Schoolcraft, HENRY Rowe, ethnologist; lished in 1868. He died in Washington, born in Watervliet, N. Y., March 28, 1793. D. C., Dec. 10, 1864. His ancestor who first settled in America Schools. See EDUCATION; TECHNOLOGY; was a school teacher named Calcraft, and MANUAL TRAINING SCHOOLS; COLLEGES, he was popularly named Schoolcraft. ETC. Henry studied chemistry and mineralogy Schooner Pearl, ThE. In 1848 Captain in Union College in 1807-8. In 1817-18 Drayton and his mate Sayles, attempthe took a scientific tour in the West, and ed to carry away to freedom, from the made a fine mineralogical and geological vicinity of Washington, D. C., seventycollection, publishing, in 1819, A View of seven fugitive slaves concealed in this the Lead Mines of Missouri, which was en- schooner; as the schooner neared the larged and published (1853) under the mouth of the Potomac River, she was overtitle of Scenes and Adventures in the Semi- taken and obliged to return. These Alpine Regions of the Ozark Mountains of fugitive slaves, men, women, and children, Missouri and Arkansas. In 1820 he was were immediately sold to the cotton plant.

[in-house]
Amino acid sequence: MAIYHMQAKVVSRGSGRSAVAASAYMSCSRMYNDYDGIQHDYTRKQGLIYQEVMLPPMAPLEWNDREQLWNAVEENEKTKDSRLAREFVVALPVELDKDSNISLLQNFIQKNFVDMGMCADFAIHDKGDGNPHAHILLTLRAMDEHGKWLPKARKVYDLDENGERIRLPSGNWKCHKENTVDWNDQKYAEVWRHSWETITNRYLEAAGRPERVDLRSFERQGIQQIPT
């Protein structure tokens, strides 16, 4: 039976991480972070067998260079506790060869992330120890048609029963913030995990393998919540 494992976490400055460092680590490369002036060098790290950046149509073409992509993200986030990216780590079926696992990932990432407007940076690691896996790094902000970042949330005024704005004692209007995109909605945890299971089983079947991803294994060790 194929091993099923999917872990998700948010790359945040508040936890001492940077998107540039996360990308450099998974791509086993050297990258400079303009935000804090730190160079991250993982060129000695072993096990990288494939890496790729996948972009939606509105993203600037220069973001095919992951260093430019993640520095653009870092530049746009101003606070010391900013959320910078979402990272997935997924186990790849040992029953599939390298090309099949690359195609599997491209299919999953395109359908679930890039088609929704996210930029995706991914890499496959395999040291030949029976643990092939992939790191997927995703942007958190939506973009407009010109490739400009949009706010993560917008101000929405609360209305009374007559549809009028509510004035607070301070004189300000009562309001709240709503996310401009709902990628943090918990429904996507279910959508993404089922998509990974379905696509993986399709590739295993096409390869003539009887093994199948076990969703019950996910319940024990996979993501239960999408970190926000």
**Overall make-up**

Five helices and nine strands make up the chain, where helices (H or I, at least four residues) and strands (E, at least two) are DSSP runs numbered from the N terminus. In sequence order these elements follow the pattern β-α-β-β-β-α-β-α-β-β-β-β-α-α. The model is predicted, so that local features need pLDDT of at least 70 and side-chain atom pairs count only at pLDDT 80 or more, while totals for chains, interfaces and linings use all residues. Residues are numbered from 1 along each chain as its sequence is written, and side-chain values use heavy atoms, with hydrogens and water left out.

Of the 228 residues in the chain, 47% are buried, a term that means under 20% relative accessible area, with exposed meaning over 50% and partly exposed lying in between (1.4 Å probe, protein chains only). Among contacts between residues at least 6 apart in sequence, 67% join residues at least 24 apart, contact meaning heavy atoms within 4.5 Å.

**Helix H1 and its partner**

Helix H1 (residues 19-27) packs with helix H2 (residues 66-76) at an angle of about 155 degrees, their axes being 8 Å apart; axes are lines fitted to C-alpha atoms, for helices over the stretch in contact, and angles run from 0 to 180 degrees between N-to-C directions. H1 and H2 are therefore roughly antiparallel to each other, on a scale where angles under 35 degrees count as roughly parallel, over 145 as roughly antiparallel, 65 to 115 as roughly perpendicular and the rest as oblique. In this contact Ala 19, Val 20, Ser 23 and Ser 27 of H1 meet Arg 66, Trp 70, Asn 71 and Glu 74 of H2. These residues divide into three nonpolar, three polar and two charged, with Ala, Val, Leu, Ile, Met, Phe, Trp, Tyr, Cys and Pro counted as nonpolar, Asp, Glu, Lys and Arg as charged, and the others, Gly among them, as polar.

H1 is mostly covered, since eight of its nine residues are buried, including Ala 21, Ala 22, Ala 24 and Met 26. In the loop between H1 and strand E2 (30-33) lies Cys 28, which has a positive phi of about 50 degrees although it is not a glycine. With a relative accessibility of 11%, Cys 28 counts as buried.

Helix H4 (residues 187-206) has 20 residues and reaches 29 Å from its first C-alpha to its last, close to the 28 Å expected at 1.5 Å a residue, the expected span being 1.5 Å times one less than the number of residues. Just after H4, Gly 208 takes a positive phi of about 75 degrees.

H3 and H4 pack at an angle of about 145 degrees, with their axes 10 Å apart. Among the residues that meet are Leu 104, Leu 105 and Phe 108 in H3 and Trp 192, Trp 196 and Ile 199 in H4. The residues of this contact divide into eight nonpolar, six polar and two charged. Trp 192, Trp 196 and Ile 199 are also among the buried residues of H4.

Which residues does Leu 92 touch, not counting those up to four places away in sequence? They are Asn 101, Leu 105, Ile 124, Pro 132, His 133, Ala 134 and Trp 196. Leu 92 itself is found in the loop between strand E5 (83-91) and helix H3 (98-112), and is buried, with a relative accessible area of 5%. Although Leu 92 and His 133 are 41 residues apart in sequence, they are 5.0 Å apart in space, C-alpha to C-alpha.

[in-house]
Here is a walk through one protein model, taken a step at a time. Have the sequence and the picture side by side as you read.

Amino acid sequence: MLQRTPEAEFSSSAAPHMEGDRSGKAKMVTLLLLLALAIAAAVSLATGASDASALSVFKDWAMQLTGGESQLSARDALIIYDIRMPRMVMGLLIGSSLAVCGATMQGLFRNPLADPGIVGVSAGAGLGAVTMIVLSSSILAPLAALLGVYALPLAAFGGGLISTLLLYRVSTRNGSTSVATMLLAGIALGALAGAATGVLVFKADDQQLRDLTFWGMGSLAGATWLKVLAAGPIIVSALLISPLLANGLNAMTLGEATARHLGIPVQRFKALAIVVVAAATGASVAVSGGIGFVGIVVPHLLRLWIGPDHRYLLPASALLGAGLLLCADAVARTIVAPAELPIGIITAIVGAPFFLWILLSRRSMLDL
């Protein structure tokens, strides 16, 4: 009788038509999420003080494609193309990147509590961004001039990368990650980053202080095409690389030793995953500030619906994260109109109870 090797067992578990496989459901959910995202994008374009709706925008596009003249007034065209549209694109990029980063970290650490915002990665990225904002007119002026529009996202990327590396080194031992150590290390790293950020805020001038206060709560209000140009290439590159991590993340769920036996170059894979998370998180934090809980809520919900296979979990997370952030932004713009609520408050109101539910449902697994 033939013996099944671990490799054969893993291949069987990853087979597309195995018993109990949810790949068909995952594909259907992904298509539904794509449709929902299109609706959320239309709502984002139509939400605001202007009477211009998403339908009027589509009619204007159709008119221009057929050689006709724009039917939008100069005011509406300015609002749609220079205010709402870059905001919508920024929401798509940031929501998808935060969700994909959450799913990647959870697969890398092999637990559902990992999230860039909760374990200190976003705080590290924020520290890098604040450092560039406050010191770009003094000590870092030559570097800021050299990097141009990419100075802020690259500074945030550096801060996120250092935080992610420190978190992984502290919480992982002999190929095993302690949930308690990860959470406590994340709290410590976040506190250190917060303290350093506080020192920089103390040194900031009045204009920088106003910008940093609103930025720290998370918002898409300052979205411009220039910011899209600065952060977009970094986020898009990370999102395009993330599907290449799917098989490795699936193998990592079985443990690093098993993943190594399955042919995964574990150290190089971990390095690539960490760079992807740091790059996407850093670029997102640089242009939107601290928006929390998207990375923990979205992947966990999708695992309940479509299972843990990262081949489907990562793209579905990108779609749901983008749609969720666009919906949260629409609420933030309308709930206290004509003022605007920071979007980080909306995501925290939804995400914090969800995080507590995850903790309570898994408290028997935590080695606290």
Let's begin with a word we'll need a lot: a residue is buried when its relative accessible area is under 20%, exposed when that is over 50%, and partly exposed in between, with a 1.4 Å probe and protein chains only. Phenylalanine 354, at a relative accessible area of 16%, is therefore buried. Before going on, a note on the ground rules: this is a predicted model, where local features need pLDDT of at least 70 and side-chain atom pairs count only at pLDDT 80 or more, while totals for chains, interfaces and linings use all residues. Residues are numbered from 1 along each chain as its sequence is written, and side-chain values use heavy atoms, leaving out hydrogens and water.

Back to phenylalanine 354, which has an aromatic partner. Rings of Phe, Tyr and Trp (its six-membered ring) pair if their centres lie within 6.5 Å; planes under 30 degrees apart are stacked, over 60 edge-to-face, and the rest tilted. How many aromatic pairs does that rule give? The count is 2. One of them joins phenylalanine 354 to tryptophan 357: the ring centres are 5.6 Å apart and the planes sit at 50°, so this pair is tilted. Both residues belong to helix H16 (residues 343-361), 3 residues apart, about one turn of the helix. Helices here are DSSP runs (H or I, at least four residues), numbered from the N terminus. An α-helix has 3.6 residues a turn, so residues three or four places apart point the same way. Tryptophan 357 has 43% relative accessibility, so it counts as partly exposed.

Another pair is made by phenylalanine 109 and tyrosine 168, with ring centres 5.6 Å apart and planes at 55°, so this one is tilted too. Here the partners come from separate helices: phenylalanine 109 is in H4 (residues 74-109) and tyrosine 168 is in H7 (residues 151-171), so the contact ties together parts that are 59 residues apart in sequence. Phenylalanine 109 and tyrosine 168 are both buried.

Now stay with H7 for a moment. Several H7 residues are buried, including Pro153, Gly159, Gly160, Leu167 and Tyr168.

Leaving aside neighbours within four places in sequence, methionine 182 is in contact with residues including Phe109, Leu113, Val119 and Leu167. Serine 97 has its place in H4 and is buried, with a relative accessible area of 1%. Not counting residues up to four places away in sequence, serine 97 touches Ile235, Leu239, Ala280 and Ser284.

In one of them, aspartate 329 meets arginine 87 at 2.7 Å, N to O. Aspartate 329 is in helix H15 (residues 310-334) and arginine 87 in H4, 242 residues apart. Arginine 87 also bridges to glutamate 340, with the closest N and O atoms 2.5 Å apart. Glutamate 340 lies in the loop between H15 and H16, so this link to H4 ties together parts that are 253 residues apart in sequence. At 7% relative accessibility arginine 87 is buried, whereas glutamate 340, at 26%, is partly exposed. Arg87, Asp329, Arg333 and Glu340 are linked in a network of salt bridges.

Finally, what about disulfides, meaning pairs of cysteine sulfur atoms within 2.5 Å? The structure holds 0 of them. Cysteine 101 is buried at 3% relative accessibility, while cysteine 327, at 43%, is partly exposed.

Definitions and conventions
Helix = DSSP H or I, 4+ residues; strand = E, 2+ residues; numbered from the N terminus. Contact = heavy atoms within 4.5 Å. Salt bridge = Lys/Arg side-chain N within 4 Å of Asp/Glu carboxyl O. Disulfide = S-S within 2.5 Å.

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ers of the Gulf States; while Drayton and with various papers; member of the MasSayles, with difficulty saved from death sachusetts House of Representatives for by mob-violence, were brought to trial in four terms and of the Senate one term; Washington. The aggregate bail required adjutant-general of the State in 1860-66. amounted to $228,000. They were convict. He published a History of Massachusetts ed and in prison until 1852, when, through in the Civil War (2 volumes). He died the influence and efforts of Charles Sum- in West Roxbury, Mass., Oct. 24, 1872. ner, President Fillmore granted them an Schurman, JACOB GOULD, educator; unconditional pardon; but, notwithstand- born in Freetown, Prince Edward Island, ing this, they were immediately hurried May 22, 1854; graduated at the University out of the city and sent to the North to of London in 1877, and took a post-gradsave them from violence and rearrest. uate course at the University of Edin